SPAIN leads the EU with the highest school dropout rates for the fourth year running, with 21.9% of 18-24 year olds leaving education early.
Men are far more likely to quit than women, with 25.6% of males terminating school early versus just 18.1% of females, according to the latest figures from Eurostat.
While Spain’s overall rate is just under double the EU’s average rate of 11.1%, it is a great improvement on previous years – in 2006, a massive 30.3% students failed to see schooling through.
It has consistently dropped since then until 2014 when the rate was also 21.9%.
The good news is that Spain boasts 42.3% of 30-34 year olds with a university education, marginally higher than the EU average.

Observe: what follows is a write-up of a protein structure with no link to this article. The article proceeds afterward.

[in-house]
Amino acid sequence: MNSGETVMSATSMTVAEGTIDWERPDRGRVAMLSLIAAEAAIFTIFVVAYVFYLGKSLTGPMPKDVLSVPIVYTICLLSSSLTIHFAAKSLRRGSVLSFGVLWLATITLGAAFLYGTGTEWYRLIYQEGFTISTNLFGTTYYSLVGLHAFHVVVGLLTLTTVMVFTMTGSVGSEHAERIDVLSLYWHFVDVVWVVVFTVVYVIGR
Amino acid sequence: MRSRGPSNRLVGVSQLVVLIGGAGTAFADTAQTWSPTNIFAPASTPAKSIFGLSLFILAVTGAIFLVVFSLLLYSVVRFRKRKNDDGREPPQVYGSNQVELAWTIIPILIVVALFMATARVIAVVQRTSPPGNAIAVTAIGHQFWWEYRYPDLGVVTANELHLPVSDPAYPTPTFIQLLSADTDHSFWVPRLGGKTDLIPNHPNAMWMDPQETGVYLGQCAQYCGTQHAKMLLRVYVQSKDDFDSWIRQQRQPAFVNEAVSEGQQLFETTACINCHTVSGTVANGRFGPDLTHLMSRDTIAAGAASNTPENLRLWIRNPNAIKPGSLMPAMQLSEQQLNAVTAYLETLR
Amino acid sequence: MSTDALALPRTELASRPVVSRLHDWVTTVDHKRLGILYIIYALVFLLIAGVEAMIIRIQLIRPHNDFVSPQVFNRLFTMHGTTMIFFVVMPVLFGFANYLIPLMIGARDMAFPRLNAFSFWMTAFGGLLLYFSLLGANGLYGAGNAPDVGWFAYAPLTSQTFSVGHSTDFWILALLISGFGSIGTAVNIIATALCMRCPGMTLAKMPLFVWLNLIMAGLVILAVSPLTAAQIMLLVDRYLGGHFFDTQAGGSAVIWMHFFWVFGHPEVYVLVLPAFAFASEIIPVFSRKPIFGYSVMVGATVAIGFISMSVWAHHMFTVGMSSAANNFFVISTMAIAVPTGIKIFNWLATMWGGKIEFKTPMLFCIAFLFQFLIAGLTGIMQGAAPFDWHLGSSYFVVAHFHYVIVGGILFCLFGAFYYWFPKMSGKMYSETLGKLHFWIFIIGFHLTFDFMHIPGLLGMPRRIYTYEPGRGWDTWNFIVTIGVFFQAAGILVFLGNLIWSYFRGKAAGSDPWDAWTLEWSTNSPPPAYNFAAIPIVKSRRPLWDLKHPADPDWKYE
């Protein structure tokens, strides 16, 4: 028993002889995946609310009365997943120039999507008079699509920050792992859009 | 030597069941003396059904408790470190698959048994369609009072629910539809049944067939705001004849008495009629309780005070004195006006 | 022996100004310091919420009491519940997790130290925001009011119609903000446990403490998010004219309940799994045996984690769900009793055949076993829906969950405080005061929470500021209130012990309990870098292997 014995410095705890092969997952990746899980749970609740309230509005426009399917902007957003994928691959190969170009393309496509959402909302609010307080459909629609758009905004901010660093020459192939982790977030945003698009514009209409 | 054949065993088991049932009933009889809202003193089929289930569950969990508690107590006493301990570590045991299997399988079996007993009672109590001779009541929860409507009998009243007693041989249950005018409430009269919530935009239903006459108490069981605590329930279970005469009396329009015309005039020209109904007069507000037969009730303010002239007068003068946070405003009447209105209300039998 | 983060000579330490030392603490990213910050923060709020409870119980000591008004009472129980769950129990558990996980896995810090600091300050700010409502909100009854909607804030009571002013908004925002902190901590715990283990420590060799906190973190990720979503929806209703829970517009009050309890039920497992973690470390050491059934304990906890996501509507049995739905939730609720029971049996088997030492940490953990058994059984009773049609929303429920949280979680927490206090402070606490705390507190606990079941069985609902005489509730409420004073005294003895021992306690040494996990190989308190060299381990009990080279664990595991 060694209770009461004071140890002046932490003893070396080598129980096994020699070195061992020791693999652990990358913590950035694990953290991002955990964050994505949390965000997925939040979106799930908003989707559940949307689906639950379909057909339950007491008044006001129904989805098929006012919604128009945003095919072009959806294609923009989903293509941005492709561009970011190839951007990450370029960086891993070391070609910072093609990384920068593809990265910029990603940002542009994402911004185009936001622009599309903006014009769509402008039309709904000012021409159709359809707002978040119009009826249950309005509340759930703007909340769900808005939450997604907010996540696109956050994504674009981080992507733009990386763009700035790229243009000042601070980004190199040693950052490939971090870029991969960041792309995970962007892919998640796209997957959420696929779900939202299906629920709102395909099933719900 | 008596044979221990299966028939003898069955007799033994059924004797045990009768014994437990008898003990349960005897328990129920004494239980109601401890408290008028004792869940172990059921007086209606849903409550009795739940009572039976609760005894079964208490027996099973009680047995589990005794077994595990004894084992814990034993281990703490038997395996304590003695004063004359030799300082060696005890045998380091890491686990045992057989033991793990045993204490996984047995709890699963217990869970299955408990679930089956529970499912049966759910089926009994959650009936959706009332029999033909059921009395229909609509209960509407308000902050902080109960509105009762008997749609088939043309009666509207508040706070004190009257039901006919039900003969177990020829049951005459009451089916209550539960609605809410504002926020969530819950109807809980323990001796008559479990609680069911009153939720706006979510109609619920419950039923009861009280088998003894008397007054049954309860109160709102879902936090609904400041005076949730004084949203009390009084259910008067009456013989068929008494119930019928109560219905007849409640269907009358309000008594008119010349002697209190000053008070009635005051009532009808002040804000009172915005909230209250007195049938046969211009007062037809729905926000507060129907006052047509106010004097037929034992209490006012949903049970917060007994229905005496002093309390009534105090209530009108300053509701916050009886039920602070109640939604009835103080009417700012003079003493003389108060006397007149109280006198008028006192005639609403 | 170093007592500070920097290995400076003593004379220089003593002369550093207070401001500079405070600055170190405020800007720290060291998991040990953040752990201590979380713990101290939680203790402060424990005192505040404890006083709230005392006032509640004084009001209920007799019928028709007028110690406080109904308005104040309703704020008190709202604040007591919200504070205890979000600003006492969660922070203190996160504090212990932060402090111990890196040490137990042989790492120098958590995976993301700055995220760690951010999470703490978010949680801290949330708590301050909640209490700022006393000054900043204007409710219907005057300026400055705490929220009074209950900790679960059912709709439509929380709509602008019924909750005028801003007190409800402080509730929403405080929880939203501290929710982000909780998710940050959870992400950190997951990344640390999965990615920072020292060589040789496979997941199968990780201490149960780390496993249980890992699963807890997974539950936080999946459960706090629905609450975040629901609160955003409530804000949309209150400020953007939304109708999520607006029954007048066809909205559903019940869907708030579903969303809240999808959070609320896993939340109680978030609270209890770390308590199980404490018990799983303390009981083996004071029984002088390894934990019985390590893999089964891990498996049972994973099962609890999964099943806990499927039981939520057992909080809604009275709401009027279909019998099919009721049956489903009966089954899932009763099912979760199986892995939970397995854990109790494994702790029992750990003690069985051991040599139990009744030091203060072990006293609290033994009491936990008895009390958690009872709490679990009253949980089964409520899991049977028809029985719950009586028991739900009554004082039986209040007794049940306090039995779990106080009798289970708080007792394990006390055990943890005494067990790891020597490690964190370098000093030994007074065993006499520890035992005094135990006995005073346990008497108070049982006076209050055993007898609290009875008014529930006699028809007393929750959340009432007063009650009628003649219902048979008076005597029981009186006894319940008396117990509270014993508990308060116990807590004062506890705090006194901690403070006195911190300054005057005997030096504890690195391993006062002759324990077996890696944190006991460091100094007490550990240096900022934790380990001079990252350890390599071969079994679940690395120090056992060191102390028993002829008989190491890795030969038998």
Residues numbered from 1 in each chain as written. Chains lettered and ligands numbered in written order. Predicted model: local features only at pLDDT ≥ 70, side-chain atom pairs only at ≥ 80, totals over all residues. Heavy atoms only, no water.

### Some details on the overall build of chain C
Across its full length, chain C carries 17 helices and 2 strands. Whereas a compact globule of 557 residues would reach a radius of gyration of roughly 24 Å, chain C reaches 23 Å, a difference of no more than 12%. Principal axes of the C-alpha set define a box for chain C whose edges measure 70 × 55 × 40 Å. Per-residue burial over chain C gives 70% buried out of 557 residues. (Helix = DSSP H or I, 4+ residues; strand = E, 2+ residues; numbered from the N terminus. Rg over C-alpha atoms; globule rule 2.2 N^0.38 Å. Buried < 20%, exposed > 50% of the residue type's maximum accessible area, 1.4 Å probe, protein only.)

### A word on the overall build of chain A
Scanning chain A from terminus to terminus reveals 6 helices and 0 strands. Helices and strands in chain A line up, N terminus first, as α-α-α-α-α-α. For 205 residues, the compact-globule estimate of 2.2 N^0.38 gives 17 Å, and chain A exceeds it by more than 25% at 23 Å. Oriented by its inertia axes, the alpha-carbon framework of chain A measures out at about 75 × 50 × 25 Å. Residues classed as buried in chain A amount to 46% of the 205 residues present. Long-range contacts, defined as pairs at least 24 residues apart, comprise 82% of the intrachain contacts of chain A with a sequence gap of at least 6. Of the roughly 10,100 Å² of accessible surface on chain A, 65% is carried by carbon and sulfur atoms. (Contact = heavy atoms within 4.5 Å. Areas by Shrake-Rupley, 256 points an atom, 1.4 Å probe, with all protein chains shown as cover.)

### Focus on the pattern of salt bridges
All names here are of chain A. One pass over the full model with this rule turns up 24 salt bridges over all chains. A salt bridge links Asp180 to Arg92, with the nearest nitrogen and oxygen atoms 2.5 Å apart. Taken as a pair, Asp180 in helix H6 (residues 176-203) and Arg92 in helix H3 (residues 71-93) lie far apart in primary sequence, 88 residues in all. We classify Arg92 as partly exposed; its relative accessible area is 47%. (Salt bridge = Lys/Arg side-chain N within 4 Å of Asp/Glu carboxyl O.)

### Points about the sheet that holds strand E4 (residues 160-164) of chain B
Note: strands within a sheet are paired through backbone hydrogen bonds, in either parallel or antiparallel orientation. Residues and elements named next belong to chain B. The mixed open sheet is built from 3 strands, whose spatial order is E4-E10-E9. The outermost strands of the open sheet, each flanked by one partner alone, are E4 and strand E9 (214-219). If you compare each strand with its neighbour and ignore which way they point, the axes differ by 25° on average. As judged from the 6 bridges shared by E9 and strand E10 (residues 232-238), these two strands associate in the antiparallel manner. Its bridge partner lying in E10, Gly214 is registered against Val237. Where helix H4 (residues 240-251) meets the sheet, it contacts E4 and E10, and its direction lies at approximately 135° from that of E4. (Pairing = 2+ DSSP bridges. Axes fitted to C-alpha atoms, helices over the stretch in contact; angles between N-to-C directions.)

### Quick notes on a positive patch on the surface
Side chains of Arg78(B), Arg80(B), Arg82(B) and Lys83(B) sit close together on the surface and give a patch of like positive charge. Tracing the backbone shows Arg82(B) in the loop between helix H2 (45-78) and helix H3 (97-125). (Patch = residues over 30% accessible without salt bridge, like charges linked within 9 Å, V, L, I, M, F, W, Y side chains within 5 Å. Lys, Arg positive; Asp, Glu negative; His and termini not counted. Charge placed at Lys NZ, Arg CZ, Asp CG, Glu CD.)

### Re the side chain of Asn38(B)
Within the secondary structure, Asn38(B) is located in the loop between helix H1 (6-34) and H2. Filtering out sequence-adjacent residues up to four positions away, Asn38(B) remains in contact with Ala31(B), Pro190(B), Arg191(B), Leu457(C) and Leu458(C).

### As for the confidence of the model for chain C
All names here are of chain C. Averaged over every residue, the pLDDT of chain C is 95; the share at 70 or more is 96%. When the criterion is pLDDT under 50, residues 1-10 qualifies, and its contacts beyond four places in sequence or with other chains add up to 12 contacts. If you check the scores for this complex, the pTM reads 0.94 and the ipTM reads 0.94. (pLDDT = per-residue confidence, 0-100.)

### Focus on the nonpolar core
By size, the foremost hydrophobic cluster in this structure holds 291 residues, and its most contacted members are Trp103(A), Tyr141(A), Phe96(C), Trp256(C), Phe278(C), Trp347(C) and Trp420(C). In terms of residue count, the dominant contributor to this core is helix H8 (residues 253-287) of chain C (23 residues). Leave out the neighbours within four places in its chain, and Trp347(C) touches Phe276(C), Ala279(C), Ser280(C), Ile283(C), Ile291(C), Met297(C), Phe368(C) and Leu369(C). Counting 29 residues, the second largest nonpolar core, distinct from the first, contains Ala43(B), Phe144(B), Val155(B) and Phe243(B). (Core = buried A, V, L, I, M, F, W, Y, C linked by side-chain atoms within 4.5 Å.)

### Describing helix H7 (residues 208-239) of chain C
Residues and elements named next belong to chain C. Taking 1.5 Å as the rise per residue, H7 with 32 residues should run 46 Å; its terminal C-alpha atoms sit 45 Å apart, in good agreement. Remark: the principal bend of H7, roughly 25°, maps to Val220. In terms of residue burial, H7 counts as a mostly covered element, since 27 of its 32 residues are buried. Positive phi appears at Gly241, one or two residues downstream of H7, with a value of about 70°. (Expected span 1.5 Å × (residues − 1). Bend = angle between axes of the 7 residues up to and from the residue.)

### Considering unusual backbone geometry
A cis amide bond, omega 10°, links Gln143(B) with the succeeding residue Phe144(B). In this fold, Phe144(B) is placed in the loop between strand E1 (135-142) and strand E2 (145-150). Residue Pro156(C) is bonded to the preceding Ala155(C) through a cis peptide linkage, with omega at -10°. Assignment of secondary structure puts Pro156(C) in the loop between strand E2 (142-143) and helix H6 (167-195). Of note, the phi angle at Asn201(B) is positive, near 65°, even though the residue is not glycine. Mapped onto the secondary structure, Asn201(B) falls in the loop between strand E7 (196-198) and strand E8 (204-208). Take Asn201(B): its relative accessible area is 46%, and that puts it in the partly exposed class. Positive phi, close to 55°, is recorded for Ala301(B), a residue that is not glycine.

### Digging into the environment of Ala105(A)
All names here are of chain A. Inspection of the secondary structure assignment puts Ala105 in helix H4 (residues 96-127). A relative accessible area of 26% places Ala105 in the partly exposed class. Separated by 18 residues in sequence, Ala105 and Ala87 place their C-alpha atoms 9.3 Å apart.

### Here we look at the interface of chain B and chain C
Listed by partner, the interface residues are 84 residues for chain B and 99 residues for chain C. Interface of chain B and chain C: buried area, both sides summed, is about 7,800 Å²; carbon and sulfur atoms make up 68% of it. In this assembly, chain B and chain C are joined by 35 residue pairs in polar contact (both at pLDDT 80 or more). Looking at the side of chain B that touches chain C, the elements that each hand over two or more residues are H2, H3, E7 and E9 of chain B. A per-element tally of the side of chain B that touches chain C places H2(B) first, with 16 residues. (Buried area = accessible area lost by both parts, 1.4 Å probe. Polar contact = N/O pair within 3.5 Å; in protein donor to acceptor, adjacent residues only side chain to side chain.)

The Spanish government’s aim is to persuade Spain’s young people to stay in school and reduce drop outs to 15% by 2020.
After Spain, EU countries with the highest rates of students failing to complete are Malta (20.4%), Romania (18.1%) and Portugal (17.4%) with the lowest dropout in Croatia (5.4%).
The UK sits in the middle with a rate of 11.8% failing to see education through.
- Property portal Kyero is ‘optimistic’ about the Spanish property market post Brexit vote - 14 Jul, 2016 @ 13:40
- Spain’s ‘original’ eating schedule has stabilising effect - 13 Jul, 2016 @ 13:30
- Restaurant chain La Sala introduces dining in the sky - 10 Jul, 2016 @ 09:30
- Blown away by Tarifa - 9 Jul, 2016 @ 14:06
- Axarquia town begs for residents to limit water usage while unveiling swimming pool - 9 Jul, 2016 @ 14:03
- Malaga tourism office releases positive message for British tourists and expats after Brexit vote - 9 Jul, 2016 @ 11:45
- Spanish PM Rajoy claims Malaga ‘has a bright, promising future’ - 8 Jul, 2016 @ 19:11
- Tiger kills zookeeper at Benidorm animal park - 8 Jul, 2016 @ 12:00
- Brexit means Spanish expansion for one UK firm - 8 Jul, 2016 @ 11:04
- Michael Gove’s Spanish-based brother in law is worried about his future after Brexit - 8 Jul, 2016 @ 08:25